Many long-term waste management contracts include ‘put-or-pay’ clauses requiring local authorites to pay for incineration capacity even if they do not use it, reducing their financial incentive to recycle and the report notes: “When we asked the minister how the Government ensures that only genuinely residual waste is sent to incinerators, he told us that the key pressure is gate fees - i.e. the charge that must be paid to dispose of waste in an incineration facility. However, we are concerned about the effectiveness of this singular mechanism following evidence we received about ‘put or pay contracts’ and negative impacts on recycling rates.”
John Twitchen, Copper Consultancy
“Clearly there is an issue with making further progress towards the current recycling target, let alone any future aspirations. We’ve spent hundreds of millions on bins, bags, boxes, shiny trucks, large sheds and fancy conveyor belts. But all we’ve really done is make it a little bit easier for more people to recycle more often. Surprise surprise, not everyone is recycling everything.
Bizarrely, we’ve also managed to make it virtually impossible to communicate meaningfully and cost-effectively on a regional or national scale, by ending up with 400 different systems, and only the bare minimum in terms of local swoosh harmony.
The Efra report is weak in the communications section and skims over some big issues. Some of the evidence cited repeats the same old stuff. Before a wholesale change in behaviour is truly possible, attitudes have to be tackled. This takes sustained revenue (hundreds of thousands, not hundreds of millions), and government, local authorities and collectors need to get real about this. It’s no good scratching the surface when the issues are deep-rooted.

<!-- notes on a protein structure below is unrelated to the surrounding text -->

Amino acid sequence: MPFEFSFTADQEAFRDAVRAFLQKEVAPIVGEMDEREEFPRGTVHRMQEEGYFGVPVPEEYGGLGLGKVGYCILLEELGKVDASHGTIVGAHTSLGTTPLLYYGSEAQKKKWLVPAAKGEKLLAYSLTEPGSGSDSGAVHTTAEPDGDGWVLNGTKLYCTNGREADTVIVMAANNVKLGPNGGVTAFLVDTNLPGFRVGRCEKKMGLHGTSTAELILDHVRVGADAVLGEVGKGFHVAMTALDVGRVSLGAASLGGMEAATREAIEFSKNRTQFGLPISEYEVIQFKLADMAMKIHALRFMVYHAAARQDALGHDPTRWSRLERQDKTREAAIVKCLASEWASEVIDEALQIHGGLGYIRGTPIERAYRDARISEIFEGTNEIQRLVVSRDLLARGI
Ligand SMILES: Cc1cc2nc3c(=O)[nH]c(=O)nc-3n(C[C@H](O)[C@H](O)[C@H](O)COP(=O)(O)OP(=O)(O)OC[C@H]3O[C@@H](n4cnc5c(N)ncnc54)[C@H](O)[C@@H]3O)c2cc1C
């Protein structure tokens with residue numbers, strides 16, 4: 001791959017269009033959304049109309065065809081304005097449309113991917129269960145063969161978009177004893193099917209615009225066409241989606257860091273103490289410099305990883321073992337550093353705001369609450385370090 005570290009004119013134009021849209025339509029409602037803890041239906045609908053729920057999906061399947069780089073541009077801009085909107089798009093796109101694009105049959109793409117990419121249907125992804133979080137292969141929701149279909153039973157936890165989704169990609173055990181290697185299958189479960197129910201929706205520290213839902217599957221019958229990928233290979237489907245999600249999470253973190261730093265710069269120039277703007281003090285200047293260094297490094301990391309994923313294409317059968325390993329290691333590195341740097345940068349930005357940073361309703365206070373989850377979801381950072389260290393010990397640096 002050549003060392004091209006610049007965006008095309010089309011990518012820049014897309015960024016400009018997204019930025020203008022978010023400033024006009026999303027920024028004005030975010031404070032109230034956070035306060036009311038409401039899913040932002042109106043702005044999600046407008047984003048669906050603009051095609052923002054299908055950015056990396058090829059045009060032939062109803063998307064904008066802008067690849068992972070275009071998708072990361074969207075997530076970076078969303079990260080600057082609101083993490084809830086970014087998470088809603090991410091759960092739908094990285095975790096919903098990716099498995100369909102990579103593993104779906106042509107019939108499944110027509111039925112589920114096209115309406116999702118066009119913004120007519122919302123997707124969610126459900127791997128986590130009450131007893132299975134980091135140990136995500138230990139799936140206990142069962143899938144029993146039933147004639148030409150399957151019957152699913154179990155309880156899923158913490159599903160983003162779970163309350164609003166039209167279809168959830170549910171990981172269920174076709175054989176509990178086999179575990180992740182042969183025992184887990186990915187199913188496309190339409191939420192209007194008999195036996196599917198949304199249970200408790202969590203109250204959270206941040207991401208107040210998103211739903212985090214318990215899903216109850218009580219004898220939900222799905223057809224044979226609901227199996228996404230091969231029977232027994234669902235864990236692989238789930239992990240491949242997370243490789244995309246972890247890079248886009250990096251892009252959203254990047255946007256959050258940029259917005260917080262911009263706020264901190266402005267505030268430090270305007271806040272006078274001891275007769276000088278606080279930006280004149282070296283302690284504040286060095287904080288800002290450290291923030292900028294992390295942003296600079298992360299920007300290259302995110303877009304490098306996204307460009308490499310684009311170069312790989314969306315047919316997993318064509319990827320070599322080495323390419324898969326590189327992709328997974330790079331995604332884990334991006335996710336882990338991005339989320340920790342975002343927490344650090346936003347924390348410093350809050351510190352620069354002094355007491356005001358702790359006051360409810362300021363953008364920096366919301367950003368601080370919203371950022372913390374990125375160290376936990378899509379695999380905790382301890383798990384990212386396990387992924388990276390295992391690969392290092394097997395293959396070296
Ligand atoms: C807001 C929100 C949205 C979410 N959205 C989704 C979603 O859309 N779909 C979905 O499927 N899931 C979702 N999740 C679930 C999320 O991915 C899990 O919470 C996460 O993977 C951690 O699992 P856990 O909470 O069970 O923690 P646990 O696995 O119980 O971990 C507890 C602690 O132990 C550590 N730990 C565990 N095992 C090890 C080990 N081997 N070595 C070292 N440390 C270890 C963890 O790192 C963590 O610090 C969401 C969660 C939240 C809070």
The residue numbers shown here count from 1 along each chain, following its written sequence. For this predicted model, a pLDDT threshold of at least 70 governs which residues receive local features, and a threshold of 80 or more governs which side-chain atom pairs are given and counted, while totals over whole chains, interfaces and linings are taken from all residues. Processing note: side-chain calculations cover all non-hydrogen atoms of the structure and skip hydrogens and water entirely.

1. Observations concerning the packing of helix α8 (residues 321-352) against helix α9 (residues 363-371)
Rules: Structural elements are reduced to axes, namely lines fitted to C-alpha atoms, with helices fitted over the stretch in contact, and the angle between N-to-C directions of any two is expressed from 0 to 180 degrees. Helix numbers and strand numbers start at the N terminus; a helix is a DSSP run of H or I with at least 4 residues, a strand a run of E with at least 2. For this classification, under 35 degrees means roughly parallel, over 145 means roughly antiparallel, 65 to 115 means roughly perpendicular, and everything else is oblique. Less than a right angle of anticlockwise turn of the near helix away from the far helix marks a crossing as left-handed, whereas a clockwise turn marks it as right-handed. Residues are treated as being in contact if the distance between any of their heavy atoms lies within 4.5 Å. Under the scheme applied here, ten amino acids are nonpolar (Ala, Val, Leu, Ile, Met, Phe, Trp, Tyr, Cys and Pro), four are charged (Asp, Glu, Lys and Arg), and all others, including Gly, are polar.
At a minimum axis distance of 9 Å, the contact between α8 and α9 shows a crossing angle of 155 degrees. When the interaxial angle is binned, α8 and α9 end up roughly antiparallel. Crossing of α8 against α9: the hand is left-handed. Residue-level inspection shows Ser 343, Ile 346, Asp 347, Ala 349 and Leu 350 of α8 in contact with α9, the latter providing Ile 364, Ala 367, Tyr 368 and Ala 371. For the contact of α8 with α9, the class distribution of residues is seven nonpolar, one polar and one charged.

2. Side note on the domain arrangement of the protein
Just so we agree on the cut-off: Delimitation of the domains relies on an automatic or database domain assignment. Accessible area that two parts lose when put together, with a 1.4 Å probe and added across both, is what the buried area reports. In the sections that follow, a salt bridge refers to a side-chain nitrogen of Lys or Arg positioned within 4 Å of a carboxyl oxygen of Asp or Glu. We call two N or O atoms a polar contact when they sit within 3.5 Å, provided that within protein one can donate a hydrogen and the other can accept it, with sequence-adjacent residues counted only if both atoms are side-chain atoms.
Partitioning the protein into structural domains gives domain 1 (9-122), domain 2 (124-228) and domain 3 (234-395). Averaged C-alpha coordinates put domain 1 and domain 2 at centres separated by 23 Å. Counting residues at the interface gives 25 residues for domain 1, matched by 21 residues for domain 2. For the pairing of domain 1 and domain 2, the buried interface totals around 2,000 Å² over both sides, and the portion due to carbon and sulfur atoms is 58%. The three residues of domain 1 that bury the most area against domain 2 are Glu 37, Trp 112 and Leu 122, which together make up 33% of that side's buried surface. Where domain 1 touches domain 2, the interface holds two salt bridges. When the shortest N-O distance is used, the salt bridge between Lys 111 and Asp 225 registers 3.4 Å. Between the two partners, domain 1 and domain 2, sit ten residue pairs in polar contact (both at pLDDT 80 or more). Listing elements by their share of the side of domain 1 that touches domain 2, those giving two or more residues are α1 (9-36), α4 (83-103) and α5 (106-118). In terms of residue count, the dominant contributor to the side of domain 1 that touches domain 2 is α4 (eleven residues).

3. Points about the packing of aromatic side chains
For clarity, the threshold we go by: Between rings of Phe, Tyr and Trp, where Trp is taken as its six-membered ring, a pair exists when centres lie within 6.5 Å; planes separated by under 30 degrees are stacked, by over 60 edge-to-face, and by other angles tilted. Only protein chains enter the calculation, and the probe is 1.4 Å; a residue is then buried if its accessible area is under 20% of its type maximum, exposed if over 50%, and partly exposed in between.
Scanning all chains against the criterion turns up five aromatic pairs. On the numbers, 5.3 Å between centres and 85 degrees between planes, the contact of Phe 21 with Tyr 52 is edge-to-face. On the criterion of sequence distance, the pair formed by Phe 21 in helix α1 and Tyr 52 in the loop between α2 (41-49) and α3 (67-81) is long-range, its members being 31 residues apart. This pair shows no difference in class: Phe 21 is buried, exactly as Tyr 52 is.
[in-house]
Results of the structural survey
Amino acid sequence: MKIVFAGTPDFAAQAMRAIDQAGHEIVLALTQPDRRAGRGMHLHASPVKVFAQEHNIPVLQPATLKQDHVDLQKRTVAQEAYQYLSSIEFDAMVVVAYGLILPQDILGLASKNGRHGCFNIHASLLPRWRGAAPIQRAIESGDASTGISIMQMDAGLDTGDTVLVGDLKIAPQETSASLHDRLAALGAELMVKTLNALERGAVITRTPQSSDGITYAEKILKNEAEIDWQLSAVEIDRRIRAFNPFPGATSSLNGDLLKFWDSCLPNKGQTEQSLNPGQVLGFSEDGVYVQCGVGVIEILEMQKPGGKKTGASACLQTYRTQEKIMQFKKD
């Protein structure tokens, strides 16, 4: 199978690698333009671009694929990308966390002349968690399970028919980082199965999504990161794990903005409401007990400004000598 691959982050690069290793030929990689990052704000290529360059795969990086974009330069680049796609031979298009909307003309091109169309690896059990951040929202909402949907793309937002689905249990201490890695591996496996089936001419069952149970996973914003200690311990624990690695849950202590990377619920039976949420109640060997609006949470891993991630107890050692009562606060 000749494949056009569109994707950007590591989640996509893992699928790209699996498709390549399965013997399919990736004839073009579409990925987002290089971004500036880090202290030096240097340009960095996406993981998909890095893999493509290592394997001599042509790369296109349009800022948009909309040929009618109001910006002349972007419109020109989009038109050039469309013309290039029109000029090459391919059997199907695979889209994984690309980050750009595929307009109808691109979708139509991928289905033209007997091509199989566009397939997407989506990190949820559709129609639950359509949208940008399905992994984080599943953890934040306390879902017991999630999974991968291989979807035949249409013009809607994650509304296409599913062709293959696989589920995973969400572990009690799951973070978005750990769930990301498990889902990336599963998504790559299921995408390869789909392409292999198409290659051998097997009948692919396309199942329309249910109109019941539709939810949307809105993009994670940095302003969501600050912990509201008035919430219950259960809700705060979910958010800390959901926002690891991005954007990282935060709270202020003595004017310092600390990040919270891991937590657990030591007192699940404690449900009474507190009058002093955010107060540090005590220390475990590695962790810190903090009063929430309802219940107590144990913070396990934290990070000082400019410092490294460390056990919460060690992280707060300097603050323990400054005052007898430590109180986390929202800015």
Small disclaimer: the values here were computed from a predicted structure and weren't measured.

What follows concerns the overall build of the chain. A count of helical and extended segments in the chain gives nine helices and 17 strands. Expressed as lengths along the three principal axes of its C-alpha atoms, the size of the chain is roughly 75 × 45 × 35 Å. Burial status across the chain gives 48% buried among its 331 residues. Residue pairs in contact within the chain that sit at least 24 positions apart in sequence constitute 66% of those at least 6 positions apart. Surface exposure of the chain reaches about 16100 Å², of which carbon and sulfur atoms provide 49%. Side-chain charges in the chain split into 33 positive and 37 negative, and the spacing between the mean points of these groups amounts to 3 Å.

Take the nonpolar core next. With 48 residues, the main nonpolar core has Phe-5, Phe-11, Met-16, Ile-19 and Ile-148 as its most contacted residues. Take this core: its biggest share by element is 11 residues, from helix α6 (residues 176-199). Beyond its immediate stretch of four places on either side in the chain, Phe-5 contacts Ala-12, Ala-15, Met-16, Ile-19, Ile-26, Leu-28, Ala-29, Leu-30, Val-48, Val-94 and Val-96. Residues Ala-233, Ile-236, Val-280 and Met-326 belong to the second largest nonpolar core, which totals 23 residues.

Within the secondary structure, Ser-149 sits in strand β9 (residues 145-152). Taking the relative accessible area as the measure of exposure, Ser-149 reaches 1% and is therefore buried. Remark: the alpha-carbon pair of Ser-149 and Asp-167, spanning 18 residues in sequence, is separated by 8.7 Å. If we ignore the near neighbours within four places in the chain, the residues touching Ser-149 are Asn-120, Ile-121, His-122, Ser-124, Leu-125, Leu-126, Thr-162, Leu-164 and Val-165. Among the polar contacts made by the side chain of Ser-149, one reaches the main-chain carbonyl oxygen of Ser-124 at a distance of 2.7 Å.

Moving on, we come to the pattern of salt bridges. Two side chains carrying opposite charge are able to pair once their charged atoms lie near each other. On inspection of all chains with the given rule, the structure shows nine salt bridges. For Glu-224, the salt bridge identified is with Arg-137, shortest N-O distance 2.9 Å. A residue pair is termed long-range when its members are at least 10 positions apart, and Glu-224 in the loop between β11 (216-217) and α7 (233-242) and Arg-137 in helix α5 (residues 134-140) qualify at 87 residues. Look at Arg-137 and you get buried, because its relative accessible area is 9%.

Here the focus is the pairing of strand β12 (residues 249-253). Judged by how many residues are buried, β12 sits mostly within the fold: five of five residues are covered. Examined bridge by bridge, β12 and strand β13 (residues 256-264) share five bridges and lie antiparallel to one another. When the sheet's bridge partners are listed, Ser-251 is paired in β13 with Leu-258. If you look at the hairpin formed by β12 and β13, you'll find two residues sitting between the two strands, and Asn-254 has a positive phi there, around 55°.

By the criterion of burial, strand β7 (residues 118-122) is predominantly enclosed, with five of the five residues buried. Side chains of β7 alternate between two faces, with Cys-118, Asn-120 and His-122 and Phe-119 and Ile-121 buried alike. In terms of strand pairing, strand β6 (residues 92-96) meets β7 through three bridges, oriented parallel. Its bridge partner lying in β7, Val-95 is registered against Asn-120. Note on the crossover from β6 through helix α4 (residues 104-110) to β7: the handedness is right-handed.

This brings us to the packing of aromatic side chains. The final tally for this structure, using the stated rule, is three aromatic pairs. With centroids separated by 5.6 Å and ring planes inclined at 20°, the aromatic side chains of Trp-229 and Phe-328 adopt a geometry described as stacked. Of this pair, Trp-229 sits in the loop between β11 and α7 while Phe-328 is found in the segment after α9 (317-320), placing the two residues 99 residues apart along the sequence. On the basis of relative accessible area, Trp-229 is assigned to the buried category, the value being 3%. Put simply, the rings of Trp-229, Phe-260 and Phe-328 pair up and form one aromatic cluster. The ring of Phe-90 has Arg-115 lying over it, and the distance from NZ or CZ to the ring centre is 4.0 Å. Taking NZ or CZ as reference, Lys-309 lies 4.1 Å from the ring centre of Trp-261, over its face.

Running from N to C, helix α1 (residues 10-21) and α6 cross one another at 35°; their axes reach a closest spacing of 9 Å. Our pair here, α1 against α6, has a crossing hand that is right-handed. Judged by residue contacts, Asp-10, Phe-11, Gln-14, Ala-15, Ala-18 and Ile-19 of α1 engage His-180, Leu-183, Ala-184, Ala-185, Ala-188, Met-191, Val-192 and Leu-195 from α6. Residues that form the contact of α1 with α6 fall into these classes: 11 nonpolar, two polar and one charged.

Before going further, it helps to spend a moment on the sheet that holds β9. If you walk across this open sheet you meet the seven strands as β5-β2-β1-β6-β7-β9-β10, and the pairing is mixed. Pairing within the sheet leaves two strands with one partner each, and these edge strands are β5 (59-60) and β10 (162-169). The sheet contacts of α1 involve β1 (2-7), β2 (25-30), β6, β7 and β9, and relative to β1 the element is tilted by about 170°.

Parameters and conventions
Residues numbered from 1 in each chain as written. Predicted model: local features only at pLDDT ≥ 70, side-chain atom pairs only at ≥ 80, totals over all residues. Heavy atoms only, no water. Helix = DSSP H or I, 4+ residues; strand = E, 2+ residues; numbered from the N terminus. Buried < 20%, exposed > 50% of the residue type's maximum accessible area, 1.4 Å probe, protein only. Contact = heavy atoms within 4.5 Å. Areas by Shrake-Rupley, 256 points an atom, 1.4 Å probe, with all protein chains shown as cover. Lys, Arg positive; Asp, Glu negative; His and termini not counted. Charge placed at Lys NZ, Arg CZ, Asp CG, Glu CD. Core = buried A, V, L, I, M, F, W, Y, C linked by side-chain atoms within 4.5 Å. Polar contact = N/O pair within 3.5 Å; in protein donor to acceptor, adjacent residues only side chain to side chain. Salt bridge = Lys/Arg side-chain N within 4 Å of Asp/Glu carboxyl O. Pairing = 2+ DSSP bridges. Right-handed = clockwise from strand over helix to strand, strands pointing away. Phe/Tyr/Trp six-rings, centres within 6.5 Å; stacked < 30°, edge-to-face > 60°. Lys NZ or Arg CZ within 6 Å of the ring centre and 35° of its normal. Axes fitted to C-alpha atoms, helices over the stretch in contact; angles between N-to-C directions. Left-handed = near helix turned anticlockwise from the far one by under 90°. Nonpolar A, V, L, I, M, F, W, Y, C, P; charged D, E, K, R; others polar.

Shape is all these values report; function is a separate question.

The report is also weak on the socio-economic case. The signs are there, but there’s barely even a mention of the one element of current waste policy that promises a great deal: public sector procurement. Crack on!”
Jane Bevis, chair of On-Pack Recycling Label, a subsidiary of the British Retail Consortium
“We completely endorse the committee’s conclusions on the need to give consumers clear guidance on recycling, and to reinforce that advice again and again. The On-Pack Recycling Label does just that, providing detailed information on each element of packaging so that consumers know whether to put it in the recycling bin or out with the waste. Over 160 companies use our label on their packaging and this widespread use means six in 10 consumers now recognise it.
The committee acknowledges the 400 different recycling systems across England cause confusion, particularly for those working or travelling in, or moving to, different areas. This confusion undermines confidence and motivation. Recycling rates are only 12% in some local authority areas, whereas best practice can achieve 67% where simple, well communicated systems engage consumers. The On-Pack Recycling Label reinforces this effort by re-assuring consumers that individual items of packaging can and should be recycled.